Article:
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What are the tell-tale signs of burnout - Part 1

March 1, 2019

In my article "What is Burnout" I gave a brief overview of some of the symptoms you might experience on a path to burnout. However, burnout is a multi-faceted issue and can have many different symptoms as well.

So, what are the telltale Signs of Burnout?

 

 

Burnout has become such a commonly used term, so that sometimes people casually say, “I’m so burned out,” when they’re merely referring to having a bad day or a bad week.

 

However, for those who truly are burned out, there is a lot more going on than a bad day or a bad week. It’s a problem that significantly interferes with a person’s health, happiness, and overall quality of life.

 

Unfortunately, few people are able to see burnout coming until it’s too late. The good news is that it doesn’t have to get to that point. If you identify signs of burnout early enough, you can reverse this downward spiral.
 

SO THE QUESTION IS …RIGHT NOW, WHERE ARE YOU ON THE BURNOUT CONTINUUM?

Burnout can be defined as a state of “chronic stress and frustration”, leading to:

 

• Physical and emotional exhaustion;
• Feelings of cynicism and detachment; and
• A sense of ineffectiveness and lack of accomplishment.

 

Together, these symptoms lead to an inability to successfully function on a personal and professional level.

 

Although some of the symptoms within these three areas overlap, each has characteristic signs and symptoms. As you’ll see, many are the same or similar to those associated with stress.

This is because the difference between stress and burnout is a matter of degree, so the best way to prevent burnout is to identify the symptoms as close as possible to the less severe end of this continuum. The less severe the symptoms, the easier recovery will be.

 

Signs related to physical and emotional exhaustion

 

Chronic Fatigue: In the early stages of burnout, you may find yourself lacking energy and feeling tired often. You may go to bed early but still, wake up tired. You may move more slowly and find you need extra time to get ready and get out the door. At its worst, the fatigue becomes a physical and psychological state of exhaustion. You feel constantly drained, and everything seems a monumental effort. You have no energy, so you do as little as possible to make it through the day. It is difficult for you to get out of bed and may even call in sick on the days you feel like you simply can’t get out of bed. This type of extreme fatigue also often results in a sense of dread for what lies ahead of you on any given day.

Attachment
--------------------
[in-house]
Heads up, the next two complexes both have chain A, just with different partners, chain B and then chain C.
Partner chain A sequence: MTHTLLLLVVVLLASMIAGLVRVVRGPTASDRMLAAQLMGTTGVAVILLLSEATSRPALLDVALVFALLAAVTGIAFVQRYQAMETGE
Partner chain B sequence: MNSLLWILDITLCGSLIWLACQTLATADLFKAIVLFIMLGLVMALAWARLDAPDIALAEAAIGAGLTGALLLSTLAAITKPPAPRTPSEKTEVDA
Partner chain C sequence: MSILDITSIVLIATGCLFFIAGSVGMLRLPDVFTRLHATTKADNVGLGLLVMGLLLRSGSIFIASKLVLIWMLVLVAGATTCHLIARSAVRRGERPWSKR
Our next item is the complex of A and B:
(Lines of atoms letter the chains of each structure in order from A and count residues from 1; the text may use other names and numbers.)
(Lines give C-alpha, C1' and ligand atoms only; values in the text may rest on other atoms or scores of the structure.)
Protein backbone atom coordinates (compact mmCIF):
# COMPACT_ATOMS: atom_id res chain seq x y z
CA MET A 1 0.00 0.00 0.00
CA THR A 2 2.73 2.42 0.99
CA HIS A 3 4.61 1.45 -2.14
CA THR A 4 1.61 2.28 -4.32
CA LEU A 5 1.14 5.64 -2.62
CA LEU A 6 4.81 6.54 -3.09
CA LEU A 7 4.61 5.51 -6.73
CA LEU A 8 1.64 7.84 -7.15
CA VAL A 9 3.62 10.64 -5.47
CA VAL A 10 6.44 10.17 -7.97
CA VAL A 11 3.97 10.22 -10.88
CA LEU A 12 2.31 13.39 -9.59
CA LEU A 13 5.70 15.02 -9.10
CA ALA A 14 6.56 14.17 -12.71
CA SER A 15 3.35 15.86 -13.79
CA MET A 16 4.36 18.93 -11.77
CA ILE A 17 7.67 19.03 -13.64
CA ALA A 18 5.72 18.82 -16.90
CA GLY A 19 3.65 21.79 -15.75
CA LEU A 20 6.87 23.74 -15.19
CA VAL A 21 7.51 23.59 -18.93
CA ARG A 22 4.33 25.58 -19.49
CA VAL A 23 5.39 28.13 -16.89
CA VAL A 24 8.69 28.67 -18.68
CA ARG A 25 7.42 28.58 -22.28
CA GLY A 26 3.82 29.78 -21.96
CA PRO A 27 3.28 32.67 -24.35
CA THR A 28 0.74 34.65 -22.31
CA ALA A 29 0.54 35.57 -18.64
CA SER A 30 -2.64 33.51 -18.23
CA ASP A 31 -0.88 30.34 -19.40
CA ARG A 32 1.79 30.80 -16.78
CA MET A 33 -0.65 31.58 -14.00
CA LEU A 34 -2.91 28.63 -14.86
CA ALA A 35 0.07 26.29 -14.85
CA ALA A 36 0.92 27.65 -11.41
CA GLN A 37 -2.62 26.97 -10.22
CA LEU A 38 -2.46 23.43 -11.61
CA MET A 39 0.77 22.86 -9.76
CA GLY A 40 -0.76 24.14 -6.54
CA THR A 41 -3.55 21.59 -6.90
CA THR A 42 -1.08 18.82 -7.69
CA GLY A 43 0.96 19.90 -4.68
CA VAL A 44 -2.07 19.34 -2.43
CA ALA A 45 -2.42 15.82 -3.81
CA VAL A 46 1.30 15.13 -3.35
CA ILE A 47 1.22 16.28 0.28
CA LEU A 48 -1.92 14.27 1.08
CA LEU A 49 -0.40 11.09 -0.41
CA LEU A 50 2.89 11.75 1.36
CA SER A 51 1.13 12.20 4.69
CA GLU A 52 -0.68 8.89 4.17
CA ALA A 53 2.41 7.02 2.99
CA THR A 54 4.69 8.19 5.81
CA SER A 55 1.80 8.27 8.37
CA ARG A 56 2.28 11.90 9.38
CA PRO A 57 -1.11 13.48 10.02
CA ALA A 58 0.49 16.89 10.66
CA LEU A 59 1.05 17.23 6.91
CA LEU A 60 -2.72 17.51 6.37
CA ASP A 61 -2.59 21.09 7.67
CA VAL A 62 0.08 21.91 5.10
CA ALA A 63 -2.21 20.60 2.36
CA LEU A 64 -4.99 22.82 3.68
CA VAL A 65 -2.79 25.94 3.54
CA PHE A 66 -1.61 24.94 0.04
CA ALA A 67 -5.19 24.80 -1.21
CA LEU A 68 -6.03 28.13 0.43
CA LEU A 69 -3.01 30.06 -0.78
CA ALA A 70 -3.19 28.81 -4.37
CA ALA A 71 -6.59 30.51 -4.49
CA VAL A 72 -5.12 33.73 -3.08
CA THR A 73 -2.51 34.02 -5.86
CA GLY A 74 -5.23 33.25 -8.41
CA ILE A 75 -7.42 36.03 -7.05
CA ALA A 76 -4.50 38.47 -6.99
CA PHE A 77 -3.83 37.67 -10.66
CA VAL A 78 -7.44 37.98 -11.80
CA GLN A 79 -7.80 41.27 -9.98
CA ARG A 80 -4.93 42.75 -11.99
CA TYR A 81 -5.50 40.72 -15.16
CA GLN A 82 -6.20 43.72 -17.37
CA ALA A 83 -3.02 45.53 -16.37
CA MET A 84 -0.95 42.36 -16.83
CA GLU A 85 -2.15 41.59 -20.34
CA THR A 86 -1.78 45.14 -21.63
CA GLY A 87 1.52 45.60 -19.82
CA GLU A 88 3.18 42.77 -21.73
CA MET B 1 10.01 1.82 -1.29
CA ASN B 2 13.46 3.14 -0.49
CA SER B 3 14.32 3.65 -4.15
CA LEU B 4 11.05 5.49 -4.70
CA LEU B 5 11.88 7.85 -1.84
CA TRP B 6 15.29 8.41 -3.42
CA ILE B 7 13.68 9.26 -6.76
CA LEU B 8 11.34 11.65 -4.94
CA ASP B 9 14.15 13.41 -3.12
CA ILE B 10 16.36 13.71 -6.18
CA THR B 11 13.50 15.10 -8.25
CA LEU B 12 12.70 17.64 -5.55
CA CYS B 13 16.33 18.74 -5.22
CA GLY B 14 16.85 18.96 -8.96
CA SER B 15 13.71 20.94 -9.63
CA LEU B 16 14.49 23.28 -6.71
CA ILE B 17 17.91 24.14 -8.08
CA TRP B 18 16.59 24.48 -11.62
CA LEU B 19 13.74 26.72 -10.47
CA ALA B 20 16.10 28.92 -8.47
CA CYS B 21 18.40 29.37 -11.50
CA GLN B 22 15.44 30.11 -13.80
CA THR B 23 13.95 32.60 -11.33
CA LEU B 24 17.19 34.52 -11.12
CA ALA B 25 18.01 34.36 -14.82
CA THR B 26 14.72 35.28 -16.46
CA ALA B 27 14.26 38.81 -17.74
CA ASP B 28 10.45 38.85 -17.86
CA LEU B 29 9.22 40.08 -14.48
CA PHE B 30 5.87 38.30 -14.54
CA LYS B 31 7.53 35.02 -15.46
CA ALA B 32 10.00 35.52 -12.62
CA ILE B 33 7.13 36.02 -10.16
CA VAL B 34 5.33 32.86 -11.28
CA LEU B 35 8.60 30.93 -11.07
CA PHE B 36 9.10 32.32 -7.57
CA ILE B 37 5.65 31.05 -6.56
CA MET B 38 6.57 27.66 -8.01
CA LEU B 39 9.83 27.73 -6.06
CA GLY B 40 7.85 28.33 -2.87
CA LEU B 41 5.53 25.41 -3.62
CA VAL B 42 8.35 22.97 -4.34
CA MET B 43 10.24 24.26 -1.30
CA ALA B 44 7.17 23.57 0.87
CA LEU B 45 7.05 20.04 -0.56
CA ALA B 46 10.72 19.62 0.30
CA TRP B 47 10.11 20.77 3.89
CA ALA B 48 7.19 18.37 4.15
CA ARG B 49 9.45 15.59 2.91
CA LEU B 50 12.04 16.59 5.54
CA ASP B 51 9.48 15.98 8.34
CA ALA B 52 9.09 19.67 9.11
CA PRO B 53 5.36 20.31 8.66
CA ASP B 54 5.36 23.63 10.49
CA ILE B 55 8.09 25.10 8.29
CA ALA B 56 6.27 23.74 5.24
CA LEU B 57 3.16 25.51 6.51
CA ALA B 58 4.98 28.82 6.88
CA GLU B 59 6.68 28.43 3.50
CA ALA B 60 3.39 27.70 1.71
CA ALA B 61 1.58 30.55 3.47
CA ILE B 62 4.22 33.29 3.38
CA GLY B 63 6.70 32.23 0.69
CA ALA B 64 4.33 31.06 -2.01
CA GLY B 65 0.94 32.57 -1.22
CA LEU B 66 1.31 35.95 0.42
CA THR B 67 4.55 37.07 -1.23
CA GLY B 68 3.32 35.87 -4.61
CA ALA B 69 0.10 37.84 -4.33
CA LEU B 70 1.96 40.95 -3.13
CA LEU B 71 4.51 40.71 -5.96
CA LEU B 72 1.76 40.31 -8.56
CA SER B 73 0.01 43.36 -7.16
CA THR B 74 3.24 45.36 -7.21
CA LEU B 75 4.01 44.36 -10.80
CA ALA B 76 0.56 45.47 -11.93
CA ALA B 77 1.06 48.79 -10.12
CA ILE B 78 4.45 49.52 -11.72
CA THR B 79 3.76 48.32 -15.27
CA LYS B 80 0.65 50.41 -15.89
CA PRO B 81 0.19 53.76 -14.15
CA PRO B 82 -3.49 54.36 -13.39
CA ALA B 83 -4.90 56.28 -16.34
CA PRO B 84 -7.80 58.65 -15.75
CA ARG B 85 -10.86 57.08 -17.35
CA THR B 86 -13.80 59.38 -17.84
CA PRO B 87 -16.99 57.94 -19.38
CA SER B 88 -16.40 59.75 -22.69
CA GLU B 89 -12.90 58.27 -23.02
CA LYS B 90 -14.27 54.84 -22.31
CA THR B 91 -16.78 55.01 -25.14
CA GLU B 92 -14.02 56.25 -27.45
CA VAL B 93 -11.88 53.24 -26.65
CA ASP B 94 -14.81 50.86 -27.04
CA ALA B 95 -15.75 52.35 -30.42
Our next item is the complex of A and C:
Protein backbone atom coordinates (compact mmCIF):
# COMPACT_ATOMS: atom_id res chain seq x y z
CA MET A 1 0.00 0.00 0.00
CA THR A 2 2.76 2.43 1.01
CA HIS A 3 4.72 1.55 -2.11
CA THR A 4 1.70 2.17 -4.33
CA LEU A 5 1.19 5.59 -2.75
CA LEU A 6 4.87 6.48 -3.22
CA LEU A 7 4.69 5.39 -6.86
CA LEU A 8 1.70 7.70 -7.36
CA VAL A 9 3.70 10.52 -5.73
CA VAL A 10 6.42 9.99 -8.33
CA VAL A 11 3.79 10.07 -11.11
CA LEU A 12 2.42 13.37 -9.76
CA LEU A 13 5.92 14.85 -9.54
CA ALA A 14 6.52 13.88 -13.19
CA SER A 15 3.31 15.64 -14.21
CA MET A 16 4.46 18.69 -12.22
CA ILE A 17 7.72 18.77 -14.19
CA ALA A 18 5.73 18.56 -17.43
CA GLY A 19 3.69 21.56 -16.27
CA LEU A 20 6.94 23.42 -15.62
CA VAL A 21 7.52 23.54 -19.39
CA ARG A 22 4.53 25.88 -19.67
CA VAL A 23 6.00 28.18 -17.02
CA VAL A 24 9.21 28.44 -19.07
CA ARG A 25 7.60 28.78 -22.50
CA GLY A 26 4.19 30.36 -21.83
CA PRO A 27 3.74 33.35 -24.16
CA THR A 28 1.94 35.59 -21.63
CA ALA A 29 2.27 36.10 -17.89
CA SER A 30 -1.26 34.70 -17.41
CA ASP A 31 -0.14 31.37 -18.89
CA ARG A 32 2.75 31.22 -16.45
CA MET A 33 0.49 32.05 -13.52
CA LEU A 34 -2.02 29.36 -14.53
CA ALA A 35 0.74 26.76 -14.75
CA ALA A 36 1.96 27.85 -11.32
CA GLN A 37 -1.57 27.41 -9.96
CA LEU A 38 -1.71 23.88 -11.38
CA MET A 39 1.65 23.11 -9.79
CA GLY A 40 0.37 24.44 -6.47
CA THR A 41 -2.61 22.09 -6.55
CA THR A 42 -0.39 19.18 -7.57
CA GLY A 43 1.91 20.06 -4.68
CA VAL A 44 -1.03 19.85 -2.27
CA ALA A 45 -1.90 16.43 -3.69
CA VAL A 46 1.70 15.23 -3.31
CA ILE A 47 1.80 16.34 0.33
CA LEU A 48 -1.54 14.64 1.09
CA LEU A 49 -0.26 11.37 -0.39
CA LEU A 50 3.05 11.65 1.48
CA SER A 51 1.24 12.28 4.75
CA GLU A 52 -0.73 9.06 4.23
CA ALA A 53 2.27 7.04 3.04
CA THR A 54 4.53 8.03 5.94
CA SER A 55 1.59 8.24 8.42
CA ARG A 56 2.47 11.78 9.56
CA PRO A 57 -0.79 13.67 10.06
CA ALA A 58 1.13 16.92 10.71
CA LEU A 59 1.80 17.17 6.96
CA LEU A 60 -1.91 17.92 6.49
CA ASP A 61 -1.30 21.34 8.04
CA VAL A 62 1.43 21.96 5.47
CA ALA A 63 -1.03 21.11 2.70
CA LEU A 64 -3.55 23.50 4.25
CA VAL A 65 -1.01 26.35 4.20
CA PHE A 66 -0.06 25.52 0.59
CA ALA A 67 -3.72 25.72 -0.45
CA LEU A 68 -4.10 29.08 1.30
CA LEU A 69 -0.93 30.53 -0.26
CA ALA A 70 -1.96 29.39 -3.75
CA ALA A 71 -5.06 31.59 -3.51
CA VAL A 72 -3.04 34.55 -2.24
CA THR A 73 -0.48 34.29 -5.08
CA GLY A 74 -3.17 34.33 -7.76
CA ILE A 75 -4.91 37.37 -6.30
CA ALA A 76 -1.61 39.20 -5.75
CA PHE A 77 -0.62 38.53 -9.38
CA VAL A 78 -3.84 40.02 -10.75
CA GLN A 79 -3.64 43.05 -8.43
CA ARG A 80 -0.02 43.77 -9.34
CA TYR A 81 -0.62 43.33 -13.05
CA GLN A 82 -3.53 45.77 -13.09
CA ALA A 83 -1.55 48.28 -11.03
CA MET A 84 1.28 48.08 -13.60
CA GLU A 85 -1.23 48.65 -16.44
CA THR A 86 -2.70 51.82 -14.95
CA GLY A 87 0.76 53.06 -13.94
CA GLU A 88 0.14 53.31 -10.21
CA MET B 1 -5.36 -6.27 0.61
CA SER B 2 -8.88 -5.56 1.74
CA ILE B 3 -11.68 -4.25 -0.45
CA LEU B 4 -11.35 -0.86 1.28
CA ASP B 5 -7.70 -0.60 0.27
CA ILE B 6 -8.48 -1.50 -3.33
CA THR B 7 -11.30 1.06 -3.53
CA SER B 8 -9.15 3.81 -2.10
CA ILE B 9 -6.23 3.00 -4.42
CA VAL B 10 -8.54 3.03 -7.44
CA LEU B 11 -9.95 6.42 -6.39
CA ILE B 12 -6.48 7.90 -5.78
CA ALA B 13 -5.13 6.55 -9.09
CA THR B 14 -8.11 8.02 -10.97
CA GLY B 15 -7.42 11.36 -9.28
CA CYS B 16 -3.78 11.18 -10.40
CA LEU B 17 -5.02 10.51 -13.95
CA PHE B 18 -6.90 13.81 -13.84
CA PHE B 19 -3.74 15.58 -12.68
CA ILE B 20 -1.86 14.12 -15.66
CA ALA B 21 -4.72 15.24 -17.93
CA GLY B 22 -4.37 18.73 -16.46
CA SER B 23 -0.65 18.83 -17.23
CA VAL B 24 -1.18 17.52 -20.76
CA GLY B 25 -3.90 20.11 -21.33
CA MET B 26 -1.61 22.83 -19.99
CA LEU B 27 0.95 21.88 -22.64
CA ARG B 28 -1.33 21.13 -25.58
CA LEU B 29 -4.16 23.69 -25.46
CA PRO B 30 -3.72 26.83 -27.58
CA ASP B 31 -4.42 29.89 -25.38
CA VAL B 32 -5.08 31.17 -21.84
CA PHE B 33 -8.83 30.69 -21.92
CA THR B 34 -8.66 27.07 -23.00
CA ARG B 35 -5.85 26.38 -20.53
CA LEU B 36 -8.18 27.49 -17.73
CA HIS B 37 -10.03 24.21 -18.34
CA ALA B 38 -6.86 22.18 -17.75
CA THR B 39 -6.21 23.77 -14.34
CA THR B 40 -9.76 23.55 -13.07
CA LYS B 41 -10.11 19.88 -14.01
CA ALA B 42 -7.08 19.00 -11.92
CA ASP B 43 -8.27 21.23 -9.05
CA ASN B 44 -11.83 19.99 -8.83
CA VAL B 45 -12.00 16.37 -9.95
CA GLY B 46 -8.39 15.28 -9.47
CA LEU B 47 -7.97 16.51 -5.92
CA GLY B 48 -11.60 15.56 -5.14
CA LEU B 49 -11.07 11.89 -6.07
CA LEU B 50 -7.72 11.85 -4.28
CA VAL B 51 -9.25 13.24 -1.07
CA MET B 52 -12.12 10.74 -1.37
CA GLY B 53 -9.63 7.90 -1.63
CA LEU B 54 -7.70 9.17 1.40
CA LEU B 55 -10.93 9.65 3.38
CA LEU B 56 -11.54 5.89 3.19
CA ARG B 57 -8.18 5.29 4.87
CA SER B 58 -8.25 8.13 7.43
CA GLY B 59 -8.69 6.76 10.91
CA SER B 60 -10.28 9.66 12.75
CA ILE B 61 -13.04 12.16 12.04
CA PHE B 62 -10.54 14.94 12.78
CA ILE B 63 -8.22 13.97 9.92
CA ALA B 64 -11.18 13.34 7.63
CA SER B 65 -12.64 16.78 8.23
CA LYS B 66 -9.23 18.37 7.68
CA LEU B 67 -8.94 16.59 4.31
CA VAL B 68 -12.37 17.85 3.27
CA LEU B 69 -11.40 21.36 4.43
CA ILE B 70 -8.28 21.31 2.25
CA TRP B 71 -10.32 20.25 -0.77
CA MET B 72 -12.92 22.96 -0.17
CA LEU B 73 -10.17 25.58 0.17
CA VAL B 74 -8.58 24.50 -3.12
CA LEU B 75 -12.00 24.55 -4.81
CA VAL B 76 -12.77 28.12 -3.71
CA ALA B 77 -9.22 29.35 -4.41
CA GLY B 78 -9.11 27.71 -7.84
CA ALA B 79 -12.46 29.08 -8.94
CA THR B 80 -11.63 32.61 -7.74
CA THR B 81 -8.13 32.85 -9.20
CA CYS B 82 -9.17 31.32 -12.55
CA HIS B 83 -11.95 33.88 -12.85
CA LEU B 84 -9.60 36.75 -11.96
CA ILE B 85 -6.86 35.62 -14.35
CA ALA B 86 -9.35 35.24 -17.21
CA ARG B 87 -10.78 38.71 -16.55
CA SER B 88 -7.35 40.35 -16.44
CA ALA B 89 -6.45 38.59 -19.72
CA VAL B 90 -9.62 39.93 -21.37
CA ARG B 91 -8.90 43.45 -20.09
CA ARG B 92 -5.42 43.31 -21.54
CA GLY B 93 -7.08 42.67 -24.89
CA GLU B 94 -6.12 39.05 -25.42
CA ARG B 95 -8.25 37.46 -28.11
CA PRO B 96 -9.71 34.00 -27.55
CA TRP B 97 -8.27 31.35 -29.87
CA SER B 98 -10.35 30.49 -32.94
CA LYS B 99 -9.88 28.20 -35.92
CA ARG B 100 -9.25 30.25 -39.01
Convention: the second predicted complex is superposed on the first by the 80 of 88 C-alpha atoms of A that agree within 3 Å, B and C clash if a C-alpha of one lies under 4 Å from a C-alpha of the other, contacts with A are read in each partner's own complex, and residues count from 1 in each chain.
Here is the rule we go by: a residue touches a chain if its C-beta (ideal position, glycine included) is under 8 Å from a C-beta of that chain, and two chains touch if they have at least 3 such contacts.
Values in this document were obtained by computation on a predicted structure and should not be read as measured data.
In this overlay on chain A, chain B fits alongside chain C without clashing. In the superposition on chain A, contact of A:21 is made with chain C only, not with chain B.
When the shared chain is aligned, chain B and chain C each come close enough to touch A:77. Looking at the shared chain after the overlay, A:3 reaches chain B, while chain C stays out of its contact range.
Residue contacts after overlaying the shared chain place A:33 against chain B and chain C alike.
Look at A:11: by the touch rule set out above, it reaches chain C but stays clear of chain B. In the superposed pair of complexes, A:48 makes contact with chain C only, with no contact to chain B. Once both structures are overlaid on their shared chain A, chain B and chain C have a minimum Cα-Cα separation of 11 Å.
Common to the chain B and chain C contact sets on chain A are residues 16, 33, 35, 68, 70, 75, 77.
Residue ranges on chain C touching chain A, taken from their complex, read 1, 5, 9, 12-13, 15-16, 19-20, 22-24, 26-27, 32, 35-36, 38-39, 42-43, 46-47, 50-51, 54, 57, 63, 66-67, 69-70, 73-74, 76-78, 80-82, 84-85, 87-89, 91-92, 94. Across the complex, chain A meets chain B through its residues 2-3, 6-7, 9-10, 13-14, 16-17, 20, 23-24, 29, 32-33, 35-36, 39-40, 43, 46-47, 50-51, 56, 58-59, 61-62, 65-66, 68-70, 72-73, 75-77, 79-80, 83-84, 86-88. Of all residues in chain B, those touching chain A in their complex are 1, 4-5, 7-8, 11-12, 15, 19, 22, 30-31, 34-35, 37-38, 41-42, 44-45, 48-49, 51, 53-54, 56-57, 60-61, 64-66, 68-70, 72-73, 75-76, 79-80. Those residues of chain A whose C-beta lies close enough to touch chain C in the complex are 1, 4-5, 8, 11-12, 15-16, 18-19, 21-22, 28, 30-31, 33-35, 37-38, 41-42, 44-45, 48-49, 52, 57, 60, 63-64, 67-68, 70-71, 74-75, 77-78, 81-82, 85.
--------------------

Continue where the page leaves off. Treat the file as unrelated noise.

Insomnia: In the early stages of burnout, insomnia may be a problem only one or a few nights each week. Although you feel tired, it’ may be difficult to fall asleep; or if you do fall asleep, it may be disturbed sleep; or you may wake up in the middle of the night or earlier than you have to. Often, this trouble sleeping relates to persistent thoughts about the insurmountable amount of work that you have to do, conflicts faced at work and whether you’ll be able to get through the day. In the later stages, insomnia may become a nightly ordeal. As exhausted as you feel, there may be nights when you can’t sleep at all.

 

Impaired Concentration and Attention: Physical and mental exhaustion lead to a host of cognitive problems, but the most common are concentration, attention difficulties, and forgetfulness. You may find yourself having to re-read things or asking colleagues or other people to repeat themselves. Because you can’t focus, it takes longer to get work done and things begin to pile up, causing more stress.

 

AT ITS WORST, THESE SYMPTOMS PREVENT YOU FROM GETTING ANYTHING DONE AND YOU SIMPLY CAN’T KEEP UP.
 

Physical Symptoms: All serious physical symptoms, especially chest pains or difficulty breathing, should first be evaluated by a physician to rule out any medical causes. But it’s not uncommon to find that most of the physical symptoms experienced by burnout victims are caused by stress.

 

These symptoms can include:
– chest pains
– heart palpitations
– dizziness or fainting
– tension headaches
– migraine headaches
– shortness of breath, and
– stomach pain.

 

These may interfere with your day-to-day functioning, making it difficult to go to work or get work done when you’re there.

 

Increased Illness: Because chronic stress depletes and weakens the body, burnout victims are more vulnerable to infections, colds, flues, and other immune system disorders. The worse the burnout is, the more vulnerable you’re likely to be and the longer it’s likely to take you to recover from simple infections, like a common cold, or even a small cut.

 

Loss of Appetite or Weight Gain: In the early stages of burnout, you may not feel hungry some of the time and may skip meals as a result. In the later stages, this may worsen to a complete loss of appetite and significant weight loss.

 

ON THE FLIP SIDE, SOME PEOPLE GAIN WEIGHT AND OVEREAT WHEN STRESSED.


Anxiety: Chronic anxiety is common in cases of burnout. Early on, the anxiety may be experienced as nagging feelings of tension, worry, and edginess, which may interfere with your ability to attend and concentrate. Physically, your heart may pound and your muscles may feel tight. Over time, this anxiety may become so severe that it interferes with your ability to go to work or take care of your responsibilities at home. Feelings of apprehension and dread are common. In some cases, the anxiety may become so severe that it results in panic attacks.

 

Much of this article is an excerpt from High Octane Women: How Superachievers Can Avoid Burnout (Prometheus Books, 2011).

 

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